Just before Christmas, I had a phone call from the Department of Work and Pensions (DWP). They told me that my £10 Christmas bonus, (an annual “gift” to those of us who claim benefits here in the UK), would be in my account by the end of December. They asked me if, having had a phone call, I still wanted notification in braille. I said I was quite happy with the phone call.

This came up for discussion on one of the online groups for visually-impaired people that I belong to. I ventured to say on the group that I didn’t need a letter as well as a phone call. Then other issues came to light.

Many people with a disability in the UK have claimed a benefit called Disability Living Allowance (DLA) for some years now. It is supposed to compensate us for the additional living costs we incur due to our disabilities, such as paying for taxi fares for those who find public transport difficult or inaccessible.

A few years ago, DLA was replaced by Personal Independence Payments (PIP). You are not automatically transferred from DLA onto PIP. You have to apply. You get a letter telling you that you can apply for PIP and if you do not do so within a certain time your DLA payments will stop. After you have applied, you then go through a protracted process of telephone interviews, form filling and face-to-face assessment.

Let me return to that initial letter telling you that you can apply for PIP. As I have indicated, it is time sensitive. You have to respond within a certain time frame. The clock starts ticking from the moment the print letter goes into the postal system.

If you have indicated that you would like your correspondence in braille, the print letter will be sent to a third party to be brailled. That person then has to return it to the DWP, who will then send it out. Time meanwhile is slipping away. To add to an already difficult situation, the DWP send the letter out by second class post. They could send it “Articles for the Blind”, in which case it would go first class and free but, no, they pay to send it out via second class post.

So, by the time the applicant gets it, there is little time left to respond.

I have also encountered this issue in my role as a braille transcriber.

Suppose I am transcribing a letter regarding a tenant’s failure to pay rent. Time may be of the essence. The customer may ask me to return the letter to them. I reply, “Wouldn’t it be better for me to send it directly to the person in question? I have the right packaging, I can send it Articles for the Blind, it will save time and, also, each time the braille goes through the mail, the dots get a little more squashed, making it harder to read.”

Sometimes I win this battle, sometimes I don’t.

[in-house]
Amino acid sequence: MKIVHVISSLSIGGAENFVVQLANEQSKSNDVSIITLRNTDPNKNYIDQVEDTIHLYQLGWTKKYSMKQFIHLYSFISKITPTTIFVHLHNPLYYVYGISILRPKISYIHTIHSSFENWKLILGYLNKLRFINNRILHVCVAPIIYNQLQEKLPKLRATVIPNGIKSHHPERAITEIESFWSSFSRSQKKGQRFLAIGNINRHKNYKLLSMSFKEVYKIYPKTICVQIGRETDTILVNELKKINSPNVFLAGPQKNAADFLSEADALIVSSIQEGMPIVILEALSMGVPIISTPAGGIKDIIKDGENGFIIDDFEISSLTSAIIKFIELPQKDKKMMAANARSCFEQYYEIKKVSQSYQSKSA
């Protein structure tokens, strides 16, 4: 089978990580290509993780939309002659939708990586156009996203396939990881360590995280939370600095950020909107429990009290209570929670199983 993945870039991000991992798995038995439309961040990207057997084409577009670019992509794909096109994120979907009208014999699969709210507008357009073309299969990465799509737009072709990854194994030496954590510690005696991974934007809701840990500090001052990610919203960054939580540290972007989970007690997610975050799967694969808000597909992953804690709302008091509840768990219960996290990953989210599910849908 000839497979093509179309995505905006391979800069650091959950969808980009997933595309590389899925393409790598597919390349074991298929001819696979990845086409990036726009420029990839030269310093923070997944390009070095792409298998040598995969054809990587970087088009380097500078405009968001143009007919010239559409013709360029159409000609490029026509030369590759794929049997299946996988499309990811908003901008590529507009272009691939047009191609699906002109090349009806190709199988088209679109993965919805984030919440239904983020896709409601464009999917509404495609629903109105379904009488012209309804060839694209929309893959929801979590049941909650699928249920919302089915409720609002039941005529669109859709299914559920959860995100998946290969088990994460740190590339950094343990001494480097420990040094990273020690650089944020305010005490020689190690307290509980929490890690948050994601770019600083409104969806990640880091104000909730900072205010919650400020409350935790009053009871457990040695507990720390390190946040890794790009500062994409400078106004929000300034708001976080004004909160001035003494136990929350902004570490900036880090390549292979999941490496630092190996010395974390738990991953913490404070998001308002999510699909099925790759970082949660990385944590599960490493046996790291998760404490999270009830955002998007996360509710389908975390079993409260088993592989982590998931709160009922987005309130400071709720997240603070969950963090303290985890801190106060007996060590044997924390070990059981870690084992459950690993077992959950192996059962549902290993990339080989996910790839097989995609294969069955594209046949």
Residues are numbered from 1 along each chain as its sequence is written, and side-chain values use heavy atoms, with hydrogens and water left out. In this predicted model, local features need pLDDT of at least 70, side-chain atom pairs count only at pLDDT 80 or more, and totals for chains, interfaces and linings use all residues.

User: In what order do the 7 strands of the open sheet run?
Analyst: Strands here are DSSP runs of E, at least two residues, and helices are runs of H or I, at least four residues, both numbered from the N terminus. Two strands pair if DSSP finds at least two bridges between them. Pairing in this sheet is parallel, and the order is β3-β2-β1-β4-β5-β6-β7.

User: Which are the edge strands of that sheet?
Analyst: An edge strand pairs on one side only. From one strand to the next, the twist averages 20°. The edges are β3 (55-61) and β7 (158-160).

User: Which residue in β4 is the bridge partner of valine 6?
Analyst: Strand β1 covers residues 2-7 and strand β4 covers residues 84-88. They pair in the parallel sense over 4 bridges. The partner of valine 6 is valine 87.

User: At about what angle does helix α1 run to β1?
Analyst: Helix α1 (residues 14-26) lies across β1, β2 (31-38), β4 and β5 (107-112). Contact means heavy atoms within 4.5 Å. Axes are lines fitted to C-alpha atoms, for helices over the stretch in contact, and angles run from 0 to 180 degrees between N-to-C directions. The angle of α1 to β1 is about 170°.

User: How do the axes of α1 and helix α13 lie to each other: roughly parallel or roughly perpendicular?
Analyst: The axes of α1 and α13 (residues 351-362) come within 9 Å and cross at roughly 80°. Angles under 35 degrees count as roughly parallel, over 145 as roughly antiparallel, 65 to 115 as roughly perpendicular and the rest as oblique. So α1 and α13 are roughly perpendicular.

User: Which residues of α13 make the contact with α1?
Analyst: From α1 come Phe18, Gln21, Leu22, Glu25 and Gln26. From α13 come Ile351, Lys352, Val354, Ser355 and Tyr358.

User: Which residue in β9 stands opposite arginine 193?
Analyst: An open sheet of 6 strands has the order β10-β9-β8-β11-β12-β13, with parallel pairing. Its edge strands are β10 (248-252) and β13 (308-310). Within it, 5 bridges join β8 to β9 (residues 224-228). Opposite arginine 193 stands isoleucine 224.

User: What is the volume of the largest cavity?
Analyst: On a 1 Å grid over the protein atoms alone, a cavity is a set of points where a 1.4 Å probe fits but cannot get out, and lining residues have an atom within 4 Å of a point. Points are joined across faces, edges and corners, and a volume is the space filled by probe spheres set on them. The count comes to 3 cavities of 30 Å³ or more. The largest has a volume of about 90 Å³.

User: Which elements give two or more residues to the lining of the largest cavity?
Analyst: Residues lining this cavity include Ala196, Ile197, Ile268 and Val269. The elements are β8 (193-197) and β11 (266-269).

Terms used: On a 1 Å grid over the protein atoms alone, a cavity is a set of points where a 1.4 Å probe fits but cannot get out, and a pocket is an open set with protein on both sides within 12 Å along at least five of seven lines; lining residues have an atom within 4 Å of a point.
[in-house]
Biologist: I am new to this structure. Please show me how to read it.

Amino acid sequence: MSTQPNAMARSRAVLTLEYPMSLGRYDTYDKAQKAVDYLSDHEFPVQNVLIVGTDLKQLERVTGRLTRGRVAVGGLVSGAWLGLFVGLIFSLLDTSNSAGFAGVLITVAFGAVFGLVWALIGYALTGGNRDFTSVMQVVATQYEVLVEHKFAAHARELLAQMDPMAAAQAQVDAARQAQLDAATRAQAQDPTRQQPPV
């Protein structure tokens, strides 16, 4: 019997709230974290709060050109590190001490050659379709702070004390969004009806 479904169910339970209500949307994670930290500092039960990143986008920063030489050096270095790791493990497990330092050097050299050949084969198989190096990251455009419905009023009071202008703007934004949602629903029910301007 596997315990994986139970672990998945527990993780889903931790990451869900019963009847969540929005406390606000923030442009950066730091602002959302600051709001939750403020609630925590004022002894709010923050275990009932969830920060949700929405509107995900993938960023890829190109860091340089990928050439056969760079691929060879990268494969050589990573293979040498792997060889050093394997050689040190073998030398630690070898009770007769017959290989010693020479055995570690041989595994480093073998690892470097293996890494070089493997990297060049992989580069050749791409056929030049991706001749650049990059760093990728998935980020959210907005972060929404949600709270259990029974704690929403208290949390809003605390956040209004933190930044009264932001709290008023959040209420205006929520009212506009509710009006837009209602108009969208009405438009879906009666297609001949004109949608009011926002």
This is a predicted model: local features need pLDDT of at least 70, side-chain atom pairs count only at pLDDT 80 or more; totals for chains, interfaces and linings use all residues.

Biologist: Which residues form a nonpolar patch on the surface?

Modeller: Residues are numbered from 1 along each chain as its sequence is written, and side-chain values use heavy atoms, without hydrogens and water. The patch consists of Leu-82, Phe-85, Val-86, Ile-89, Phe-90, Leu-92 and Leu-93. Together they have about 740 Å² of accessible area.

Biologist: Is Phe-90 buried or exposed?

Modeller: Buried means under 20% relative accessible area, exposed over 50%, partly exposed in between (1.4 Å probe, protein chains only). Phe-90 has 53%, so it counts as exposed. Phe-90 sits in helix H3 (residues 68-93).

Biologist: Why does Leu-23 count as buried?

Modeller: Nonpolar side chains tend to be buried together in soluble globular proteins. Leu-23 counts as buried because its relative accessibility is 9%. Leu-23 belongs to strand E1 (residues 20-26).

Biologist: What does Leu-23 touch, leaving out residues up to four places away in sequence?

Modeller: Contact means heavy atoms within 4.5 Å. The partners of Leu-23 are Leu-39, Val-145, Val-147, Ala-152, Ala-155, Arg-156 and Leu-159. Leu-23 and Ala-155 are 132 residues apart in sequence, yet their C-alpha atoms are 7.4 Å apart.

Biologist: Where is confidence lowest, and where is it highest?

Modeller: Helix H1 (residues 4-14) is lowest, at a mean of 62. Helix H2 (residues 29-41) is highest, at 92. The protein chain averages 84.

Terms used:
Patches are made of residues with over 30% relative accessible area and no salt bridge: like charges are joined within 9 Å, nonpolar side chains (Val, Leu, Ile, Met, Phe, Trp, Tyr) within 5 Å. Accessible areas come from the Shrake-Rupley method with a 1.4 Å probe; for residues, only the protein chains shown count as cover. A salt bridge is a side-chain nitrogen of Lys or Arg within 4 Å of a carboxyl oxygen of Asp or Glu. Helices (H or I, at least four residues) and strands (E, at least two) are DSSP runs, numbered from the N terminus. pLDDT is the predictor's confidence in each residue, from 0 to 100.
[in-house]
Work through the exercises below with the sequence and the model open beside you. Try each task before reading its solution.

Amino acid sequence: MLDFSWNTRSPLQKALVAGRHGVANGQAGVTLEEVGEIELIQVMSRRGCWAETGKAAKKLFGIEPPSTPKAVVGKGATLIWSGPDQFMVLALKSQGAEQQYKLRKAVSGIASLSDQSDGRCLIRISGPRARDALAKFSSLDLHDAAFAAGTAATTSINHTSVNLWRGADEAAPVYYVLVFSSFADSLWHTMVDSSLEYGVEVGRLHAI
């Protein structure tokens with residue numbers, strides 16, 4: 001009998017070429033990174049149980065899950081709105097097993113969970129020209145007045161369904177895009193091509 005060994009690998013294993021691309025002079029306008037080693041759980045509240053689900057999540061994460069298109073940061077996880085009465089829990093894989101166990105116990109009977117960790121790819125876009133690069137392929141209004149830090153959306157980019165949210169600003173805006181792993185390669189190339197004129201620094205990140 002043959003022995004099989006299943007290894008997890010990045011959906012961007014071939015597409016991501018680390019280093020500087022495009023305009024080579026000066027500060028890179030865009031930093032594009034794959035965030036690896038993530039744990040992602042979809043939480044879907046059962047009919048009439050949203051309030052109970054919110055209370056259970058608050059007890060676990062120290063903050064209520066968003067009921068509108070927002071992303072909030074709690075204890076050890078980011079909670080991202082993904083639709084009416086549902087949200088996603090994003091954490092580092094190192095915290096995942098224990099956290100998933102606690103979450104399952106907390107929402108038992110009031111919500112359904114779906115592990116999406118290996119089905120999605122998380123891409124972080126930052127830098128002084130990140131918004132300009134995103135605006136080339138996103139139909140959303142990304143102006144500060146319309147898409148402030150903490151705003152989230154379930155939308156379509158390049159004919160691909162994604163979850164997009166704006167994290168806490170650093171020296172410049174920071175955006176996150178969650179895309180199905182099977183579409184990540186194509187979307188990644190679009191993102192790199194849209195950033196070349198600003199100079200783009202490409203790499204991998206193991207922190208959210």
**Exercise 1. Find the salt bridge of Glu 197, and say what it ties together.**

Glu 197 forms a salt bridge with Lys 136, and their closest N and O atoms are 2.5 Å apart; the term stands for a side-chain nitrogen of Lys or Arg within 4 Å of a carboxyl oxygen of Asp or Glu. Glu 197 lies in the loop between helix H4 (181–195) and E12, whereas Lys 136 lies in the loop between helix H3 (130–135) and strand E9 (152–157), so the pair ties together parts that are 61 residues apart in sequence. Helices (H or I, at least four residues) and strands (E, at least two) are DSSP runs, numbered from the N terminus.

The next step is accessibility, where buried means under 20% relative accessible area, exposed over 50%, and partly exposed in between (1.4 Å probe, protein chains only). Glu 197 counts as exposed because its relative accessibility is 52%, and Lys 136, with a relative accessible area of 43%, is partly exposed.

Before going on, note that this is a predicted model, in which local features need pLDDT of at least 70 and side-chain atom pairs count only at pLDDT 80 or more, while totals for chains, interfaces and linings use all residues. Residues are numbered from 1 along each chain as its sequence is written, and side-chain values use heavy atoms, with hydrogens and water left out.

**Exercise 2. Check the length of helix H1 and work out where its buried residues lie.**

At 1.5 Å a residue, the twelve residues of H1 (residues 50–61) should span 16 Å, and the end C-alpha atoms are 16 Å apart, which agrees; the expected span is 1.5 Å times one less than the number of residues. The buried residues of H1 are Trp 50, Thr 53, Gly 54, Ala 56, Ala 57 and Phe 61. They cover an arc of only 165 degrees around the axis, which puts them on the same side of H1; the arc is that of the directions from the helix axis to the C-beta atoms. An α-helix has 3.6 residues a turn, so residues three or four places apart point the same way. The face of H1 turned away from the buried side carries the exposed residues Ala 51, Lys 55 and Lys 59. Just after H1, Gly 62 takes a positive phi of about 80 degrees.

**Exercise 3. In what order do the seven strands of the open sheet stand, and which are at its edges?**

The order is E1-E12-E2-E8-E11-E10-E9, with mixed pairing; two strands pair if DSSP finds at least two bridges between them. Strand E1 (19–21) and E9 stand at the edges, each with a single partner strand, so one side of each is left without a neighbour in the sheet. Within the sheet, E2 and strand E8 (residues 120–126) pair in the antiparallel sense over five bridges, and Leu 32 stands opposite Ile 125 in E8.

However, I do feel that government departments in particular should be taking this on board. They shouldn’t be penalising people who are already disadvantaged by taking so long to send vital letters in a format the recipient can read. And why waste taxpayers’ money by paying unnecessarily for postage which takes longer than the free alternative?

I suspect this is a case of a lack of joined-up thinking among civil servants and a lack of understanding of the material they are dealing with. It could all be so much more streamlined with a bit of forethought. Wouldn’t it be nice if they asked the people on the receiving end for their thoughts. What a wonderful world that would be!

Dispensing with the EU

Now that the UK has left the European Union, I thought that I would ponder on the benefits visually-impaired people have derived from the EU.

Don’t worry, I’m not going to get on a political soapbox! I’m just giving some thought to specific issues affecting the visually impaired which won’t have been covered in the mainstream media.

The most obvious benefit has been the EU directive requiring medication to be labelled in braille. I have mentioned before how much this has helped me. For those of you who haven’t read every single blog since the beginning (Really, you haven’t? What have you been doing with your time?!), I take a lot of prescription drugs. I have a strong painkiller that comes in two different strengths. The stronger capsules are in a pink box and the weaker in a yellow one. I cannot see the difference and for years I had to ask someone which was which. I would then put an elastic band round the box of stronger capsules. The EU directive solved the problem far more neatly and restored my independence. Once all medication was labelled in braille, I could tell which box was which for myself.

It is true that even now there are occasions when tablets are dispensed without braille but, generally, the rules are adhered to and I am sure I’m not the only person to be grateful for this.

Of course, if we hadn’t joined the EU, the UK Government might one day have decided to bring in a law stating that all medicines should be labelled in braille but I somehow doubt it and as many of our drugs are imported, it might have been difficult to enforce the rule even if they had.

What else?

I believe the EU was involved in changing the rules on copyright, and this made life a lot easier for those who, like me, depend on braille.

Let me explain.